Being able to choose as one likes might, or might not, advance the cause of sovereignty. Being free from the interference of others, might, or might not, advance the search for truth.
To have responsibility for the choices one makes is a good thing … unless, of course, this sort of responsibility carries injurious ramifications with respect to one’s capacity for making further choices. Every choice we make leads to an unknown future … a future for which one might wish not to be held responsible.
Everyone wants to have control over their decisions. Often times, however, when problems arise in conjunction with those choices, the first thing many people do is disavow responsibility for the decisions that have been made.
To be master of oneself requires a person to push back the horizons of ignorance concerning the nature of self and mastery. As long as one remains in ignorance, one is no position to know what will enhance one’s mastery of oneself.
Some individuals have argued that “rationality” is what sets human beings apart from the rest of the universe. Even if, for the moment, one were to leave aside those questions that revolved about the issue of just what was meant by “rationality”, one still would be left with questions about the possibility that other dimensions of being human might also might distinguish between human beings and the rest of the universe – for example, dimensions which involve to varying degrees: creativity, moral character, self-awareness, language, spirituality, and so on that are not necessarily reducible down to only considerations of “rationality’ … however this latter term might be defined.
In any event, if one were to define self-mastery as the ability to use reason to explain one’s decisions to others in terms of one’s own thoughts and purposes, this assumes that this sort of explication can be justified. Using reason might not, in and of itself, guarantee that one’s explanation concerning the relationship among thoughts, intentions and behaviors will give expression to a relationship that can be justified – either with respect to considerations involving the preponderance of evidence or in relation to considerations that carry one to a point of being beyond a reasonable doubt.
For example, while an individual might use ‘reason’ -- in some sense of the word -- to connect one’s thoughts, intentions and behavior in a manner that seems to embrace a preponderance of the available evidence, that kind of an argument might not convince others of its truth, or likely truth, beyond a reasonable doubt. If one is merely providing an account of one’s reasoning concerning some issue, the foregoing sort of an ‘explanation’ might be satisfactory, but if one is trying to justify the manner in which one’s behavior interfered with the sovereignty of another individual, such an explanation -- while reasonable in some sense -- would not necessarily be fully satisfactory.
The notions of ‘reason’, ‘reasonable’, and ‘reasoning’ are very contentious issues. Some explications of ‘reason’, ‘reasonable’, and ‘reasoning’ might satisfy some standards of acceptability, and, yet, fail to meet other, more rigorous standards of critical exploration.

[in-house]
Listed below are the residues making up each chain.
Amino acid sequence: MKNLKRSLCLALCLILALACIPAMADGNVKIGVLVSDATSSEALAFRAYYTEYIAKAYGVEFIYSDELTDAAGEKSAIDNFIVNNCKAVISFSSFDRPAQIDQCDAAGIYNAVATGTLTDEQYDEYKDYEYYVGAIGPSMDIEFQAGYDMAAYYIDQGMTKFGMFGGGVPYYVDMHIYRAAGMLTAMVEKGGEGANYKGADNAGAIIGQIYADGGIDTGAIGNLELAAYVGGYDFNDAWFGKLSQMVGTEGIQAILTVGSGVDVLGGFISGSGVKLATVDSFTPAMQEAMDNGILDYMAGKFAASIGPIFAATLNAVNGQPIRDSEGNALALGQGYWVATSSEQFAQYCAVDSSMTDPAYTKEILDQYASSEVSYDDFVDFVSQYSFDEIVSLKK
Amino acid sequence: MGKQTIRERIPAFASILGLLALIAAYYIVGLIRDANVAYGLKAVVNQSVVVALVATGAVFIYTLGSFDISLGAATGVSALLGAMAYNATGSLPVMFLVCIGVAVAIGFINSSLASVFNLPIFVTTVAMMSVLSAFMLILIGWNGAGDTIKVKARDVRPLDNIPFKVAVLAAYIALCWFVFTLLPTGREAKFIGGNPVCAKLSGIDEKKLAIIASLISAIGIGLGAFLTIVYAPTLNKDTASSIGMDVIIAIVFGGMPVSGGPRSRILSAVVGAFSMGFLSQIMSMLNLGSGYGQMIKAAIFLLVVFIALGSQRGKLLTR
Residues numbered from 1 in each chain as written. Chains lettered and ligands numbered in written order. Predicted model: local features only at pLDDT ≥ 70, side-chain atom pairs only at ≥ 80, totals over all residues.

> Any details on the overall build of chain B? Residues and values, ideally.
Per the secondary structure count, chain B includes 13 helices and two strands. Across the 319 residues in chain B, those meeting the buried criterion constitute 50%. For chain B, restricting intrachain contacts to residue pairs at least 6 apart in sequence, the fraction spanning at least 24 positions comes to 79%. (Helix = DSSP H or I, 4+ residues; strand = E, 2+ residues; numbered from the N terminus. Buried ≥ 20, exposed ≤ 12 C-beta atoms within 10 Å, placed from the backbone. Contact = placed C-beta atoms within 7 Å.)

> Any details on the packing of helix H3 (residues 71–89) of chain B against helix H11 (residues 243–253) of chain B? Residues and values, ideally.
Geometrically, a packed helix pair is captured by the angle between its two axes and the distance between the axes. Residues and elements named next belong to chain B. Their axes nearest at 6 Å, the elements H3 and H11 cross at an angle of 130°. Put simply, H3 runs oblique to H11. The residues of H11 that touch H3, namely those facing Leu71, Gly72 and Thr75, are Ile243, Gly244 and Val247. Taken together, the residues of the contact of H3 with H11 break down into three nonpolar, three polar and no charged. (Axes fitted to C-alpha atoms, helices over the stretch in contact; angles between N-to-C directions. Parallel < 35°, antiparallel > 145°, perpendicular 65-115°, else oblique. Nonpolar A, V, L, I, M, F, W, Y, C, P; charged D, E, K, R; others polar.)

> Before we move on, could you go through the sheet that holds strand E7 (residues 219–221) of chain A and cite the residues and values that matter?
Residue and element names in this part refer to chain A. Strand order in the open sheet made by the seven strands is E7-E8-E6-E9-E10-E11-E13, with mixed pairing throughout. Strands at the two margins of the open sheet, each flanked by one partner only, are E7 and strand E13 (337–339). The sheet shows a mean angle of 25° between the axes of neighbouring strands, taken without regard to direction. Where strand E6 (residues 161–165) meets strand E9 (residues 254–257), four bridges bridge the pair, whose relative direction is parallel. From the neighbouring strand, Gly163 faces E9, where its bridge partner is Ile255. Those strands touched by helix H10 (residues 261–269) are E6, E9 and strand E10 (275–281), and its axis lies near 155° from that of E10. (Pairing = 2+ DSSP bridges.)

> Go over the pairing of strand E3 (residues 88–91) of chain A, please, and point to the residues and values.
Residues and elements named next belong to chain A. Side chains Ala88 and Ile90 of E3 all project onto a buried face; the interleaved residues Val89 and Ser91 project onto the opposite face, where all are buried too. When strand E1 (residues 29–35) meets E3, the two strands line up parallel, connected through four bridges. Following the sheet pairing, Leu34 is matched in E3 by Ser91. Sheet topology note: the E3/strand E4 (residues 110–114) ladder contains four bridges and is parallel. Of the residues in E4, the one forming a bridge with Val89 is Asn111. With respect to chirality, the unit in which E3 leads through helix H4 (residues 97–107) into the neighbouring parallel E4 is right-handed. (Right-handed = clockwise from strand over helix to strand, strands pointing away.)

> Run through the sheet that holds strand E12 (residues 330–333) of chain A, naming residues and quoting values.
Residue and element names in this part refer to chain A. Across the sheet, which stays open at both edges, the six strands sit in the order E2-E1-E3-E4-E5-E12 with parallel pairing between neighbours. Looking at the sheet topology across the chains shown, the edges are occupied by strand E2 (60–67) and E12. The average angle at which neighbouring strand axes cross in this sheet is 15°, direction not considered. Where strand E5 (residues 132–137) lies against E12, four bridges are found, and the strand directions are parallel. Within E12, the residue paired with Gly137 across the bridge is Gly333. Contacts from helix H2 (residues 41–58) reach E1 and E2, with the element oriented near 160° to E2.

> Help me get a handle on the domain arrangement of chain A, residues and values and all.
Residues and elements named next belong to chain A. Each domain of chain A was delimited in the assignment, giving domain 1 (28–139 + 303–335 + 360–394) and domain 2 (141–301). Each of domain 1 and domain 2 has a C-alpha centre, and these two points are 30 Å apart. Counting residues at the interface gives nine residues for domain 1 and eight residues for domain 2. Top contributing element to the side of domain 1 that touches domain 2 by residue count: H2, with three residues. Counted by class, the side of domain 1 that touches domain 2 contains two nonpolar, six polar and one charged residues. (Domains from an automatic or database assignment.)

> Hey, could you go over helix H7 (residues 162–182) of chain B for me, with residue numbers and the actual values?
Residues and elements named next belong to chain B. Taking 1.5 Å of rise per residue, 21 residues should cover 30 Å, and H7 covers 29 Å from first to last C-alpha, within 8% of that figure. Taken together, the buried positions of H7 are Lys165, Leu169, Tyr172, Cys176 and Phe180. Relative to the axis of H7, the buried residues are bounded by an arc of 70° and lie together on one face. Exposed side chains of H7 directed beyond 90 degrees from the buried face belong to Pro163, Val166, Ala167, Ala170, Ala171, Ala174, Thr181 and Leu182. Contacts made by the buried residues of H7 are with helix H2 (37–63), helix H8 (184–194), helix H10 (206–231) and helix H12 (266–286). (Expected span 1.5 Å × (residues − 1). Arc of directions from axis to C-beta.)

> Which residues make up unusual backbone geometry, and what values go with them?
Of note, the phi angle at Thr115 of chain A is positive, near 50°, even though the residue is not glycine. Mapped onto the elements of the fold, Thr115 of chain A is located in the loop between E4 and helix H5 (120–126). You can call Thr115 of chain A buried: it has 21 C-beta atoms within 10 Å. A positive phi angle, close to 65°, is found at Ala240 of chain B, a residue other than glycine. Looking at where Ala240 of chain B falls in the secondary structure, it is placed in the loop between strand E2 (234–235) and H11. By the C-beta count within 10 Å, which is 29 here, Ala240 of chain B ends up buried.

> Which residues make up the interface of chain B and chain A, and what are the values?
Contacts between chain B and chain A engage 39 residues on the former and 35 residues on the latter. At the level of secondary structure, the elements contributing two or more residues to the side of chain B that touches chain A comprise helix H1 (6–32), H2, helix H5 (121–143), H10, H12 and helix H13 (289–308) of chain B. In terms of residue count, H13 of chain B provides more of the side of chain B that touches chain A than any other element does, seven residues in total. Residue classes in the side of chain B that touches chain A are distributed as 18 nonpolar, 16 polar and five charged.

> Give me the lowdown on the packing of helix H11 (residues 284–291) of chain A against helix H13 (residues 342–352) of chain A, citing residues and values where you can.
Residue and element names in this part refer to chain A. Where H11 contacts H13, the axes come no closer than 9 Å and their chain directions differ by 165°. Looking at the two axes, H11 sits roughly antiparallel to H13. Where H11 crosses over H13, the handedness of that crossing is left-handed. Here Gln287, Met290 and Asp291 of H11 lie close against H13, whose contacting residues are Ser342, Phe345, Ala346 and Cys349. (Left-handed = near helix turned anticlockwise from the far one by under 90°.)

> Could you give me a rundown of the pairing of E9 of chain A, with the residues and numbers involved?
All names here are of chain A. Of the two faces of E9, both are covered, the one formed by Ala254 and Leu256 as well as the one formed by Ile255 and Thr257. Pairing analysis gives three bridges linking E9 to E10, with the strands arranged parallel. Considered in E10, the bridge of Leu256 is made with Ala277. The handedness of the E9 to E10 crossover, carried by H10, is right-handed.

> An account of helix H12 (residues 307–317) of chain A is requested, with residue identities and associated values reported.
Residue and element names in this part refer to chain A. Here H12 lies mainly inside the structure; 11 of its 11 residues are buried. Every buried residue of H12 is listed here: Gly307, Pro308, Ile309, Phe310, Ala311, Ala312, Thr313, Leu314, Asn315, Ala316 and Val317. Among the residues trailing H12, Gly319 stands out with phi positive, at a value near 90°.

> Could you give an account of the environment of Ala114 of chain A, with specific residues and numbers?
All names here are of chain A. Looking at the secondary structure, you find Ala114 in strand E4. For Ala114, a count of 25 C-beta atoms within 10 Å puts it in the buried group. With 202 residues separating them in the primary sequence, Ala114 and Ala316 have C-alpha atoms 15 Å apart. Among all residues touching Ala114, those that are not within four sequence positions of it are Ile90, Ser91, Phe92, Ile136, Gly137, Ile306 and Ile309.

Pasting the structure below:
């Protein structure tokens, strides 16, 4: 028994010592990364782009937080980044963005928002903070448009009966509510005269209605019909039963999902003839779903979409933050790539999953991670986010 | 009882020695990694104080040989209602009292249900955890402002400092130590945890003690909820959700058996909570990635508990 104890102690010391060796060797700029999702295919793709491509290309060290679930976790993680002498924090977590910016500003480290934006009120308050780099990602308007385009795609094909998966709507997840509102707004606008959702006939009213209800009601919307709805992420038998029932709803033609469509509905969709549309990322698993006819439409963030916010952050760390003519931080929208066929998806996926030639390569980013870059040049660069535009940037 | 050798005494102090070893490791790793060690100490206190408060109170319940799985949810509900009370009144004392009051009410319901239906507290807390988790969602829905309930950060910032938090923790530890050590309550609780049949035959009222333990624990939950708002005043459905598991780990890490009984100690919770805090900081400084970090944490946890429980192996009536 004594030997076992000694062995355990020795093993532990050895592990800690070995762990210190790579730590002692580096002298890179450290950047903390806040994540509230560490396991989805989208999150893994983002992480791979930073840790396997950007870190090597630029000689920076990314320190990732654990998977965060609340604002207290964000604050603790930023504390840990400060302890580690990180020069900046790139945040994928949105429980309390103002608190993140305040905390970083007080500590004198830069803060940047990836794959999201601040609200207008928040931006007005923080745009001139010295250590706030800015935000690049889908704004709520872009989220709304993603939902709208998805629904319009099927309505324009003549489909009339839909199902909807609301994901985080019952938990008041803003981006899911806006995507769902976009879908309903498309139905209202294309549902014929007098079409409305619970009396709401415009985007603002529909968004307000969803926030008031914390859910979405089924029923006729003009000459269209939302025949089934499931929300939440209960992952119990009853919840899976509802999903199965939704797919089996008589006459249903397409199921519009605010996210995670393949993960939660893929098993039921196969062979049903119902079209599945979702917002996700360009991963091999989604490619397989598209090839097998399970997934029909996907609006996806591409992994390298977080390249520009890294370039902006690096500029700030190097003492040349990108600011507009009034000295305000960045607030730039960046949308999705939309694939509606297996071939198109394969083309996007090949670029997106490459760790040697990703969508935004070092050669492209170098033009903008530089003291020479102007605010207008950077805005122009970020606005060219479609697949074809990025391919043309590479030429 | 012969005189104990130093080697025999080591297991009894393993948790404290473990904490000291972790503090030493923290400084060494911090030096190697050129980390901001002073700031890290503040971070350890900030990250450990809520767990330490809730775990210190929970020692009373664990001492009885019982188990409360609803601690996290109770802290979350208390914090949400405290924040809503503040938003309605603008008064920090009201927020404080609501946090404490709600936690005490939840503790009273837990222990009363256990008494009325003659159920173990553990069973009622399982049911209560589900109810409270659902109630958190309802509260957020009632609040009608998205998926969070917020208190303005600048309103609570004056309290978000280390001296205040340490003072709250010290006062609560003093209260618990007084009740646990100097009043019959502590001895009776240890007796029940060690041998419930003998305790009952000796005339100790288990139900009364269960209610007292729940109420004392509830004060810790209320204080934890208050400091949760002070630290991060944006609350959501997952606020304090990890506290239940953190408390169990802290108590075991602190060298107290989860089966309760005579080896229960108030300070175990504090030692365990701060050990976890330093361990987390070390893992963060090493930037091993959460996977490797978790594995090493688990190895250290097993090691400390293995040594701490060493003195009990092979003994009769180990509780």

Does the expectation that someone’s reasoning process should be capable of meeting a certain, rigorous standard of critical acceptance enslave that individual? If the latter standard is not justifiable, then one might be inclined to say that the foregoing sort of expectation is enslaving. However, if that standard is justifiable, then any failure to meet it carries the possible implication that the thinking of the person being examined does not necessarily give expression to ‘rational’ thought.
If standards of reasoning are arbitrary (that is, they cannot be shown as being likely to be true beyond a reasonable doubt), then to whatever extent those standards or conventions are imposed on others, then to that extent those standards have a potential for enslaving people. If, on the other hand, one can show beyond a reasonable doubt that a given set of standards is not arbitrary, then that set of standards is not necessarily enslaving but, instead, constitutes one of the conditions that need to be met in order for someone to be considered as being rational.
The law of ignorance that justifies the basic sovereignty to which each individual is entitled (that is, a fair opportunity to push back the horizons of ignorance) entails a high standard with respect to transgressing against another individual’s sovereignty. One must be able to show beyond a reasonable doubt that such a transgression is justified.
If one cannot meet the aforementioned standard, then although a person’s argument might employ reasoning of one kind or another, nevertheless, that argument is not necessarily rational. In other words, this sort of an argument has failed to satisfy the standard which justifies someone’s departing from the basic process of sovereignty to which ignorance concerning the truth of our existential conditions gives expression.
People are free to believe whatever they like about the nature of ‘the self’, ‘reality’, ‘truth’, ‘mastery’ and so on. However, not all of those beliefs are capable of being justified beyond a reasonable doubt – in fact, most of those beliefs cannot be so justified -- and, therefore, the right to invoke those beliefs as reasons for departing from the basic sovereignty to which we are all entitled has not been justified in a rational fashion.
Moreover, even when considering things in relation to those aspects of a person’s life which do not spill over in a problematic way with respect to the basic sovereignty to which others are entitled, nevertheless, although people are free to believe whatever they like in such circumstances, not all such beliefs are capable of being justified in terms of even the lesser rational standard of a preponderance of the available evidence.